“So that was our best effort to kind of be equitable, in terms of directing vaccine to that 1B essential worker group,” Samuel said. Virginia’s second priority group — known as 1B — includes people 65 and older, front-line essential workers, and people with health conditions that put them at higher risk for severe illness.
Chesterfield requested 10,000 vaccines for county and school system employees for the week of Jan. 25. Instead, Chesterfield received 1,500 doses for the week, splitting the shots between the school district and county employees. The school district received 1,240 doses and the county received 260 doses.
Last week, after Chesterfield received only 1,000 doses instead of the requested 8,000 from the health district, the county gave the school system 750 doses of an anticipated 4,000, causing a delay in the rollout.
In their letter, the Board of Supervisors members complained about receiving fewer vaccine doses, adding how they were told to expect only about 1,500 shots weekly from here on out.
“At this rate, we are six-plus months from achieving the goal of vaccinating the employees deemed essential for the continuity of government and schools,” the supervisors wrote.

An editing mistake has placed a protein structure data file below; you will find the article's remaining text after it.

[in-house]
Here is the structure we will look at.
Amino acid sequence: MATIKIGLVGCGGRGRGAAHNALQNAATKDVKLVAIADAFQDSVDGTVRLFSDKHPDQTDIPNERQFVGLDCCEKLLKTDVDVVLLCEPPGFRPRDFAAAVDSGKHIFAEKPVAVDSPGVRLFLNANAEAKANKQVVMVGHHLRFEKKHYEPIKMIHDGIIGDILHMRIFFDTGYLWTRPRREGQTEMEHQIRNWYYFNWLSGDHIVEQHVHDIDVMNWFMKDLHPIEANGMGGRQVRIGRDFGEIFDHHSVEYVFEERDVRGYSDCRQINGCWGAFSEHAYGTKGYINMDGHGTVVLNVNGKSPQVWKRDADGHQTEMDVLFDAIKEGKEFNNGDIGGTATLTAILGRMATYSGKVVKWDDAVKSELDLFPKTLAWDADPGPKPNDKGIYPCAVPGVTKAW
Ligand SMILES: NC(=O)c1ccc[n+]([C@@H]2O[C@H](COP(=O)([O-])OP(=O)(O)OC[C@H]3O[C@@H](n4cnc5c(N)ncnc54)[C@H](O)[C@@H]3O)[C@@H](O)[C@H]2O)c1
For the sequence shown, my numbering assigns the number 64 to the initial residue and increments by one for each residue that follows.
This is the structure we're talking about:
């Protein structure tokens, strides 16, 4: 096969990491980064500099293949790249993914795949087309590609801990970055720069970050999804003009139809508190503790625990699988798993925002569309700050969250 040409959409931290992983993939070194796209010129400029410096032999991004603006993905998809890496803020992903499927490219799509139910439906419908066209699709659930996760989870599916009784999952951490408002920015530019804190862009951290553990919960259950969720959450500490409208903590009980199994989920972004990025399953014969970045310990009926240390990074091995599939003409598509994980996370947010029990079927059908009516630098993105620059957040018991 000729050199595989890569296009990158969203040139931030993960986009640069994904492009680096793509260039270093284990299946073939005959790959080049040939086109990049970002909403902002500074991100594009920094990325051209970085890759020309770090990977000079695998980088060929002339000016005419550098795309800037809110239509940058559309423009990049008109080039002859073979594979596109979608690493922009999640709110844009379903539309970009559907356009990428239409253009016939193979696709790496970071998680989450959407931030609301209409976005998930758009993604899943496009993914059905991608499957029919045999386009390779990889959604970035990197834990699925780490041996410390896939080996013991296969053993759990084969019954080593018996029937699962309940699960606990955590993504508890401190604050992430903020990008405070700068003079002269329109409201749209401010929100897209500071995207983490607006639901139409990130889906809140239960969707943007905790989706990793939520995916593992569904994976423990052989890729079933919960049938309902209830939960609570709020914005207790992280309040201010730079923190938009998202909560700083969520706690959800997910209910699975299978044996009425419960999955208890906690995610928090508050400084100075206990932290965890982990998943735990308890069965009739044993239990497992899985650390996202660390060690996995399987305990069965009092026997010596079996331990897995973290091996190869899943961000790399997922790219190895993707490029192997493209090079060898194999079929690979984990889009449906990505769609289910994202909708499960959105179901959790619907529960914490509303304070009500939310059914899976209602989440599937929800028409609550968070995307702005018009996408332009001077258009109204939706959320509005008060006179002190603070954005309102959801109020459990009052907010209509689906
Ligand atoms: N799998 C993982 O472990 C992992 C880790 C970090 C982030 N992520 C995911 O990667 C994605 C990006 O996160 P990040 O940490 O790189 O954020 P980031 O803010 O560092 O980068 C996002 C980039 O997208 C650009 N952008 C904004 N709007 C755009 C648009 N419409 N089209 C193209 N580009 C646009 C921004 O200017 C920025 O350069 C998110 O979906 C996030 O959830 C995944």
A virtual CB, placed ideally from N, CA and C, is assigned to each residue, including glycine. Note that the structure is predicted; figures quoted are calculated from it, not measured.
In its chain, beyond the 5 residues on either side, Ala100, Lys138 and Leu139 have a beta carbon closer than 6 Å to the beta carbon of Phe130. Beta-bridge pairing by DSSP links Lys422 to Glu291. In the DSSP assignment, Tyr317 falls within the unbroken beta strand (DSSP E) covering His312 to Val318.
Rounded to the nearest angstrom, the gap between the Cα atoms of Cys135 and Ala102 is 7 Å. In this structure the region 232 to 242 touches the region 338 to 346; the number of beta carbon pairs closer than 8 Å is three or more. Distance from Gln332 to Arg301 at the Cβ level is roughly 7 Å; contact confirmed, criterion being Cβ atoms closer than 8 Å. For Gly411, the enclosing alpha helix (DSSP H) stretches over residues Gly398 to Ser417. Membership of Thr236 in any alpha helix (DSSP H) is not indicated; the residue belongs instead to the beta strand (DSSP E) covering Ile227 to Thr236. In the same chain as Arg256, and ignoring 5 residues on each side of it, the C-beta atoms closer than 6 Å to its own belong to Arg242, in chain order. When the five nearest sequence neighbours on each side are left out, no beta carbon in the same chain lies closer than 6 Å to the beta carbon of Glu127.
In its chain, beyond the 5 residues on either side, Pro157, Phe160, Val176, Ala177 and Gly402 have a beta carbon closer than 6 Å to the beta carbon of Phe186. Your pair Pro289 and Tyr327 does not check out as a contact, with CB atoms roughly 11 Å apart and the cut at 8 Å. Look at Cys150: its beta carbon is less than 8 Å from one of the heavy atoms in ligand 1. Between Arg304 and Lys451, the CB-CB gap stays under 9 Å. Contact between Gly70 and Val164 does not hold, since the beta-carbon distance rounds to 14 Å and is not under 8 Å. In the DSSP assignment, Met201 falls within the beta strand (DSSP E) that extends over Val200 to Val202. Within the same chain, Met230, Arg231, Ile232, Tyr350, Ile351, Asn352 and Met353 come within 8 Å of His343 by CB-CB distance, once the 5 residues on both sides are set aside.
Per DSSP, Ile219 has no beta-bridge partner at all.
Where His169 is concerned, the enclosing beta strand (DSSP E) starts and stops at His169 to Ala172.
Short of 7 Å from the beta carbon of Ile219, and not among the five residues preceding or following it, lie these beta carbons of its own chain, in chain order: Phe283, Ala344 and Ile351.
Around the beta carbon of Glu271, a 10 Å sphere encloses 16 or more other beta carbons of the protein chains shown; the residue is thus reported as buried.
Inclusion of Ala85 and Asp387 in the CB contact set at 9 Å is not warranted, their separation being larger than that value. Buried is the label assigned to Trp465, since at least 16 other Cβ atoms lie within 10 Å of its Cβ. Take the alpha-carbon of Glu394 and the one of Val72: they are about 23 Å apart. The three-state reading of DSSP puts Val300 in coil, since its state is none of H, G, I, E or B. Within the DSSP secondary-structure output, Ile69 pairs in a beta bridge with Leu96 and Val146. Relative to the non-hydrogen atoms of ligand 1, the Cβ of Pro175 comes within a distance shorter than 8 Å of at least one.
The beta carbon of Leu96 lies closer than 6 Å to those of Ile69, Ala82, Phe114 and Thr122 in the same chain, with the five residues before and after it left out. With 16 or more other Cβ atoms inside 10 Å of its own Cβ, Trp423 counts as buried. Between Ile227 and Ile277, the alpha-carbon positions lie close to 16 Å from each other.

Richmond and Henrico combined are allotted approximately 6,400 doses each week. The Chickahominy Health District — covering the counties of Hanover, Charles City, Goochland and New Kent — gets 1,800 weekly.
Richmond and Henrico’s 6,400-dose count is a fourth of the vaccine amount the health district requested, Amy Popovich, nurse manager for the health district, said during a Facebook Live event Monday.
“We do want to be really intentional with that pie of vaccines that we’re getting every week and our intent is to use half of it for seniors, 40% for essential workers and 10% for our congregated populations, as I mentioned in jails, [homeless] shelters and correctional facilities,” Popovich said.
In the Chesterfield letter, the supervisors expressed frustration in having people in correctional facilities being vaccinated ahead of other residents, given the county’s jail hasn’t had a COVID-19 case since June and no virus-related deaths.